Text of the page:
This new ATC (ATO) organization would be a not for profit corporation who's sole purpose would be to handle the air traffic operations. All the current air traffic controllers would be part of this new corporation. Managers, janitors, planners, office assistants, controllers, supervisors all would be part of this corporation. All the equipment, and buildings would be a part of this new organization. The hope is, that the users would pay for this service.

The argument is that "modernization" isn't happening fast enough. Moving all the air traffic operations out of the FAA, they argue, will streamline the modernization. The specifics of this new modernization are not covered or explained. There is vague future kind of hope. The sponsors of the bill offer some of the current "NextGen" initiatives haven't happened quickly enough.

The sponsors of the bill say the FAA will focus on what it does best providing safety. No question, the FAA does provide guidance allowing the US to be one of the safest countries to fly in. Between testing, regulations and regular information bulletins (SAIB) the pilots, owners and operators are well informed (if they want to be).

The sponsors of the bill also want to convince us that the USA is the only large industrialize country that doesn't have a separate air traffic organization. The fact is, the US airspace and operations are far different than any other country. The USA allows much more freedom for most pilots. Pilots many times don't have to talk to anyone in air traffic control for their whole flight. A small airport will typically not have a control tower. Pilots coordinate their own separation at these airports using the radio and a "party line" frequency (CTAF). Once in the air, most of the US airspace does not require communicating with air traffic control. Once in the area of an airport with a control tower, then communications must be established.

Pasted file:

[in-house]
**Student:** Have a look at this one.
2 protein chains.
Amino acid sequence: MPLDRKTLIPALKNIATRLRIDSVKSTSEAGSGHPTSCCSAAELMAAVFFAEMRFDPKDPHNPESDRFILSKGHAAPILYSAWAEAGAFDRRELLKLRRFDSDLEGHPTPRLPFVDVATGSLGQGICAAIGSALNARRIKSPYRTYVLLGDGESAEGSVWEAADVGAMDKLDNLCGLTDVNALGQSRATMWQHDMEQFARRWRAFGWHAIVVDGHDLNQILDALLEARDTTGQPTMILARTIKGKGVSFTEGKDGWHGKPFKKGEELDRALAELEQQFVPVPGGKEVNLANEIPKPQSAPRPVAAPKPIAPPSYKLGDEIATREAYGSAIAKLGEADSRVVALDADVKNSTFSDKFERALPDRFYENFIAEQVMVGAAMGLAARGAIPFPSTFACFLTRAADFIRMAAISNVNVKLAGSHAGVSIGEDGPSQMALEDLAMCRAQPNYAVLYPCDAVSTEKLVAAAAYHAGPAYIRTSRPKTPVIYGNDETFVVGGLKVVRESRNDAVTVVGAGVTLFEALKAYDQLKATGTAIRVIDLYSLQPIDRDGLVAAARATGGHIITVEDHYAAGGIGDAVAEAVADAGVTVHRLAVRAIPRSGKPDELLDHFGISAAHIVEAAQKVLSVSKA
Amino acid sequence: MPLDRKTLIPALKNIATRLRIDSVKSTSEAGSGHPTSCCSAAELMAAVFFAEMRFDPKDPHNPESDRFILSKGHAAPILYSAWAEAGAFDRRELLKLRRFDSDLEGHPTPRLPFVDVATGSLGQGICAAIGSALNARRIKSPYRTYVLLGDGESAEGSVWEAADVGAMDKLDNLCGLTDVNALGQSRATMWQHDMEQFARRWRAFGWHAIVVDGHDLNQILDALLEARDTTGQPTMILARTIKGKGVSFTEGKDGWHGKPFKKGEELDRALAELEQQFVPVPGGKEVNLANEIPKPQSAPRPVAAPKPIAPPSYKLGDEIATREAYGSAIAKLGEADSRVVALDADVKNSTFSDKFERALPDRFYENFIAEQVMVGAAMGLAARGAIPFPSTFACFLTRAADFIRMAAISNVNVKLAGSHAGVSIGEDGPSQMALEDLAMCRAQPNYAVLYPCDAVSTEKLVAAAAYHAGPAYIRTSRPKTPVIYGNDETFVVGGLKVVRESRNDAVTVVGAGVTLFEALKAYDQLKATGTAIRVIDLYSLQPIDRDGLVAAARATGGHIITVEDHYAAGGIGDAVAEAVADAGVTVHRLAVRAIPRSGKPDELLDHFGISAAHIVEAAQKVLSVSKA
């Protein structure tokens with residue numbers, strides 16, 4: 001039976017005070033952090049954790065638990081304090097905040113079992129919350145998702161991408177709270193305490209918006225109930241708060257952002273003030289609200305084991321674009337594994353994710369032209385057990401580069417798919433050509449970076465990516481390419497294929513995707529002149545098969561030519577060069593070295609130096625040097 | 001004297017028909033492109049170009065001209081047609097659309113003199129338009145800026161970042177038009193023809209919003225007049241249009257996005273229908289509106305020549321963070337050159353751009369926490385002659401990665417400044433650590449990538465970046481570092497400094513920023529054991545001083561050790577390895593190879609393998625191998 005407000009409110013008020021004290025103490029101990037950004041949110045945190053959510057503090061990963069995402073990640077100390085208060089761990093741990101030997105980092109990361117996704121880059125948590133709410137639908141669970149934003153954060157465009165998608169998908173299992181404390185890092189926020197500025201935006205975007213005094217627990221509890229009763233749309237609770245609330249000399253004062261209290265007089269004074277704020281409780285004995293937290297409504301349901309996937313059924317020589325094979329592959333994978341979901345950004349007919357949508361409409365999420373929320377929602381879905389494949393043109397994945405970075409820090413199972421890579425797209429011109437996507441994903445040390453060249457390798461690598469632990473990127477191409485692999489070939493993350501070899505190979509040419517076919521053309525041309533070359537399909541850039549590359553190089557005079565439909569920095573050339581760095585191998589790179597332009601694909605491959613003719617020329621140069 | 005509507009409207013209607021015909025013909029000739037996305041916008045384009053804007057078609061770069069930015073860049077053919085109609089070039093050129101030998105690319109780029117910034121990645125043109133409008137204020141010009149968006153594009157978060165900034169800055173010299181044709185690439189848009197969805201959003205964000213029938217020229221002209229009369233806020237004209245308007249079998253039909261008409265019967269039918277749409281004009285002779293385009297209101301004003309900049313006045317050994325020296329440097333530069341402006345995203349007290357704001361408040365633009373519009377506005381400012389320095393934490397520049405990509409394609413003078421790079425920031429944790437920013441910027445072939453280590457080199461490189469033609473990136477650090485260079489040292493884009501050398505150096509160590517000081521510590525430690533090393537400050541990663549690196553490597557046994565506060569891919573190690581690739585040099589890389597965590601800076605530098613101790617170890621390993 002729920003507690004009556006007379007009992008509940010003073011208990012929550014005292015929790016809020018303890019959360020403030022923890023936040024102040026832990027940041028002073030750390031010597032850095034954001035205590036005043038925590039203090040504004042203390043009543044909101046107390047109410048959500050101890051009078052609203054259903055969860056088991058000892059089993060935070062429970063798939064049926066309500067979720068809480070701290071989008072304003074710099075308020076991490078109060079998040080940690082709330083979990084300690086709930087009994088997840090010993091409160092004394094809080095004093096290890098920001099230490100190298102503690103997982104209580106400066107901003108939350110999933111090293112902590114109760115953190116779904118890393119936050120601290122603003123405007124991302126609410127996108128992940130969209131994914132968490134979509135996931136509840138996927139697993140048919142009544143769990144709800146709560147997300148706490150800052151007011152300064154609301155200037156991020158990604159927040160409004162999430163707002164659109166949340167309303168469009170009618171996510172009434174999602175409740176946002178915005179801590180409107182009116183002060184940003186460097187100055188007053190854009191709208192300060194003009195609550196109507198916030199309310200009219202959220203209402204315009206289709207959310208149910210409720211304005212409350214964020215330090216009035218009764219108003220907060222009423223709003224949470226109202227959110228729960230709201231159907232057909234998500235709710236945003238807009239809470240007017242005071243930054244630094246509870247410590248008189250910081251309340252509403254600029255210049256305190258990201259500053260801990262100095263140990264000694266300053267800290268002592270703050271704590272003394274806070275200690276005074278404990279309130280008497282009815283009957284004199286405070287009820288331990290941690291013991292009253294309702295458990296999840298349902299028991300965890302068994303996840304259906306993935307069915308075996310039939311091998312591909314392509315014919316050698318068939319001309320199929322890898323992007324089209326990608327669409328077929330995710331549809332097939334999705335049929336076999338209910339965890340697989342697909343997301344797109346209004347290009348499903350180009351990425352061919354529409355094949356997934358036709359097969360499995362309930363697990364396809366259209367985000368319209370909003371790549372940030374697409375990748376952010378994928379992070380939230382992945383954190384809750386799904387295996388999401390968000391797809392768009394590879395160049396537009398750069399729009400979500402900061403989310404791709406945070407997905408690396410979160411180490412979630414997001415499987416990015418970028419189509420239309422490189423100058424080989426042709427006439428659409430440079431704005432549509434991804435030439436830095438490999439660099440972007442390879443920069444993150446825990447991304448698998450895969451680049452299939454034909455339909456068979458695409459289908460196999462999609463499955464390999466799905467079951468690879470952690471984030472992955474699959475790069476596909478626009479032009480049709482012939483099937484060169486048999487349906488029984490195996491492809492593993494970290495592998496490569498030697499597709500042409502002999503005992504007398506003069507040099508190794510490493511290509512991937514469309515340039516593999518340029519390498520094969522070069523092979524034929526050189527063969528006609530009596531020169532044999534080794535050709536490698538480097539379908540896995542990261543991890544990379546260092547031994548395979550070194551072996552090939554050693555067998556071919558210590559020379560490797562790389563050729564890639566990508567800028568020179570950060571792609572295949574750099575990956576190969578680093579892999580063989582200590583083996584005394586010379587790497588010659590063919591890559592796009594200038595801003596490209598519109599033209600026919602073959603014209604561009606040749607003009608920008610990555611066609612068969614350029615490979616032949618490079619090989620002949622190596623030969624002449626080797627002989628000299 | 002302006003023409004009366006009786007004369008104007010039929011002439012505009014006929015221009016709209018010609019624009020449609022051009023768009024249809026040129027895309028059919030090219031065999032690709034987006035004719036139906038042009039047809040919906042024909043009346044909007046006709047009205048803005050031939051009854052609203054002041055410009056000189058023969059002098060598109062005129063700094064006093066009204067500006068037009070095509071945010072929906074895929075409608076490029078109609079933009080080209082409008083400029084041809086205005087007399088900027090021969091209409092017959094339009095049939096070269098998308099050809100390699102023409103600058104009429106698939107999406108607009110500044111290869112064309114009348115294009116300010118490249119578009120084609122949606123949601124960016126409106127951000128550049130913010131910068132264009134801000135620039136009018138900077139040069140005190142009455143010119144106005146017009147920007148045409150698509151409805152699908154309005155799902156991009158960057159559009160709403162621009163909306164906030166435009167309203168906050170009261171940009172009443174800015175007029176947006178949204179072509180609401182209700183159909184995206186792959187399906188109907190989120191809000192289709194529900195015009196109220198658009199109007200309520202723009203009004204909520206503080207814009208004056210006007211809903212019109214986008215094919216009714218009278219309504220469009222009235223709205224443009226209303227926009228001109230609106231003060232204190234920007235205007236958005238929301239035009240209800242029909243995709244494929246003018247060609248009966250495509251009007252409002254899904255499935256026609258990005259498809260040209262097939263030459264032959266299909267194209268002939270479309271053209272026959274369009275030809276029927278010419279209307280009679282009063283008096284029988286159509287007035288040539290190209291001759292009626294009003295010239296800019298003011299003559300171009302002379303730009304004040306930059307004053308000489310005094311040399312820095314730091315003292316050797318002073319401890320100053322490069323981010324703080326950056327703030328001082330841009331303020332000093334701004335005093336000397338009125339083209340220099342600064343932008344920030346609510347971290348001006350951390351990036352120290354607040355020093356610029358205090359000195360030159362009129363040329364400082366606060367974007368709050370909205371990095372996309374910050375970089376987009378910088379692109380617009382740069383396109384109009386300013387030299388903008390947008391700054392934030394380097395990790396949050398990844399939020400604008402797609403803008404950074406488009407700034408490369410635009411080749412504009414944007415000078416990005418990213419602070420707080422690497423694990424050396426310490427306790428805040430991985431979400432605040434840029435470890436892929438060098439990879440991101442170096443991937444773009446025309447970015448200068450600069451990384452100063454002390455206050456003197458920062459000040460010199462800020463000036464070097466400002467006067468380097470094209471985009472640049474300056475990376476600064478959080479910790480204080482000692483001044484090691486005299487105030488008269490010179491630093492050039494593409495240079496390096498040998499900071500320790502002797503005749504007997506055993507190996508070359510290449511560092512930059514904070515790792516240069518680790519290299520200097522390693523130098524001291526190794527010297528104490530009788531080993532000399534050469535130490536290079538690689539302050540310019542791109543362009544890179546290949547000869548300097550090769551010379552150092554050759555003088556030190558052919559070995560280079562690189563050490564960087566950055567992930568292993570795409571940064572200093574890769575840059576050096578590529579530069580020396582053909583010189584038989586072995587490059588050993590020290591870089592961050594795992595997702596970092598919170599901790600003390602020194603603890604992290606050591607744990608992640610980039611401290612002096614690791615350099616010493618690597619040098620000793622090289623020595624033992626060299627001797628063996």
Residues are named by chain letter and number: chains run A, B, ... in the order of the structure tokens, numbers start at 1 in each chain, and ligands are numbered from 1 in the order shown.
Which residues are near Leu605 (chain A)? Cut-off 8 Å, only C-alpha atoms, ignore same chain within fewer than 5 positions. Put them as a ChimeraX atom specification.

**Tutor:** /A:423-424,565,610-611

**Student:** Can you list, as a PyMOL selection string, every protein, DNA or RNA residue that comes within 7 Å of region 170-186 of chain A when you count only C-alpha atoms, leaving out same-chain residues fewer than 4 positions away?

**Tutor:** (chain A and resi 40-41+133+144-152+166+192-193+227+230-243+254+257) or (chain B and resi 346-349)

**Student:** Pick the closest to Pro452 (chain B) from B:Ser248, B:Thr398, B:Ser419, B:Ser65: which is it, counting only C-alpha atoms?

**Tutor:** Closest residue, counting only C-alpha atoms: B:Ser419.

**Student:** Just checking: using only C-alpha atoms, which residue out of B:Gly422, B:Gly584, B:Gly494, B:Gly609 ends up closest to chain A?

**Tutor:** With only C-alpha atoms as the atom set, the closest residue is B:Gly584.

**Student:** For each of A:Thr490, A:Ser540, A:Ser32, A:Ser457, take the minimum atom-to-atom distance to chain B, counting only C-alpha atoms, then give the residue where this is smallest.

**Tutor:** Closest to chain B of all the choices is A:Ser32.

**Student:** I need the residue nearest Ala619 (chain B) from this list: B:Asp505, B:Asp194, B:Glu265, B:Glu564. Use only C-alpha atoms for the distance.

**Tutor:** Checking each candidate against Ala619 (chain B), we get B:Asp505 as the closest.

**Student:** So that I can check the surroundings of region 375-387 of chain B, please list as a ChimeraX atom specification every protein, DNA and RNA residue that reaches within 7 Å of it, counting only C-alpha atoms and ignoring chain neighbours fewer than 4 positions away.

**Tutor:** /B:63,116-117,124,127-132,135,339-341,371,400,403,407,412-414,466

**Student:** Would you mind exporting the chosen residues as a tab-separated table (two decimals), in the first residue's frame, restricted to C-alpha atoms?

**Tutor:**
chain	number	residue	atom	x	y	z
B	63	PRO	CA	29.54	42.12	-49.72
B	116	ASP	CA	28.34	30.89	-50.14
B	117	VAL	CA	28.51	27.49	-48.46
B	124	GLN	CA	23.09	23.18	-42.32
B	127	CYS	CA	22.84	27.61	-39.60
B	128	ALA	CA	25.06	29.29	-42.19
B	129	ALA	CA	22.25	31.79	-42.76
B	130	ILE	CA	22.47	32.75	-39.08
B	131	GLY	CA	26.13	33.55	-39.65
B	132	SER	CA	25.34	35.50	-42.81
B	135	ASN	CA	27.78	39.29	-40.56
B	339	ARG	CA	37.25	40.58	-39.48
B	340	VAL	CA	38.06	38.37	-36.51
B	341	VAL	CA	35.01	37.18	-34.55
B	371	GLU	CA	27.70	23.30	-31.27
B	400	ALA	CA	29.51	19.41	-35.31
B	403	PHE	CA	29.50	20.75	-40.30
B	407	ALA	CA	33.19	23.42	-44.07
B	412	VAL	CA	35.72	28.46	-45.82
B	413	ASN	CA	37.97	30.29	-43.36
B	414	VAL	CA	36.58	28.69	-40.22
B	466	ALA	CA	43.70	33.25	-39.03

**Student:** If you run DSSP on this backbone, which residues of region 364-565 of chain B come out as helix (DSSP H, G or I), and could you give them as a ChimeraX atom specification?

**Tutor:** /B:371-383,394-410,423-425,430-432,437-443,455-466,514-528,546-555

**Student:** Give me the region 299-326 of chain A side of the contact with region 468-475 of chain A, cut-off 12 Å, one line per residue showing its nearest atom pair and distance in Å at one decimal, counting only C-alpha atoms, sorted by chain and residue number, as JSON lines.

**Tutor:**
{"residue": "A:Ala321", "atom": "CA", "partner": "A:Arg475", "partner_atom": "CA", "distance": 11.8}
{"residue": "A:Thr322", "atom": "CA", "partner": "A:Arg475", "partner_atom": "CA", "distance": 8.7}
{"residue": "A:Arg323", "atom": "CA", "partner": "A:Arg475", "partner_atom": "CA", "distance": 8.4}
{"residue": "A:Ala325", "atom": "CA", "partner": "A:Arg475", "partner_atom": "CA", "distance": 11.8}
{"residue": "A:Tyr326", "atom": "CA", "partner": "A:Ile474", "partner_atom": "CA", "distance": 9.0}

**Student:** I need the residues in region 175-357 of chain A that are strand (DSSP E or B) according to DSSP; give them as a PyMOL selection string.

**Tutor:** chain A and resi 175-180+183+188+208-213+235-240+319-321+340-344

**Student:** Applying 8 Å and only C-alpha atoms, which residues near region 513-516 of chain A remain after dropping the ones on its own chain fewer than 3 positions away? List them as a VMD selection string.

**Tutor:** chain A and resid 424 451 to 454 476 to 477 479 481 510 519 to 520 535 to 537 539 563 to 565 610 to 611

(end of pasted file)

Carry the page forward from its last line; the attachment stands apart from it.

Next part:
Canada has more open airspace than the US. Canada has less populated areas, so it is common to not have need to talk to airtraffic control for hours. Nav Canada is the not for profit corporation Canada set up to run their ATO. They have a simple book explaining their fees. For a Cessna 182 based out of Moose Jaw Municipal Airport (CJS4) that may fly in the area, never landing at Ottawa, Edmonton or Alberta airports the fee may be as little as $68 per year. If the same aircraft were a Falcon 50, the fees would be significantly higher starting with a $227 base fee + miles and services used.

While Nav Canada seems to be a model to follow, in less than 15 years from it's founding (Nov 1, 1996-Jan 12, 2009) the corporation became illiquid. The hope is that the note that were issued to make the corporation solvent will mature in 2017, and will be fully paid back. The funding for the interest on those note came from the users of the service. So while the corporation is non-profit, it still needs to break even. Fees the users pay must match the needs of the corporation. Canada also charges a tax on Av Gas, but that goes to the federal government, not to Nav Canada.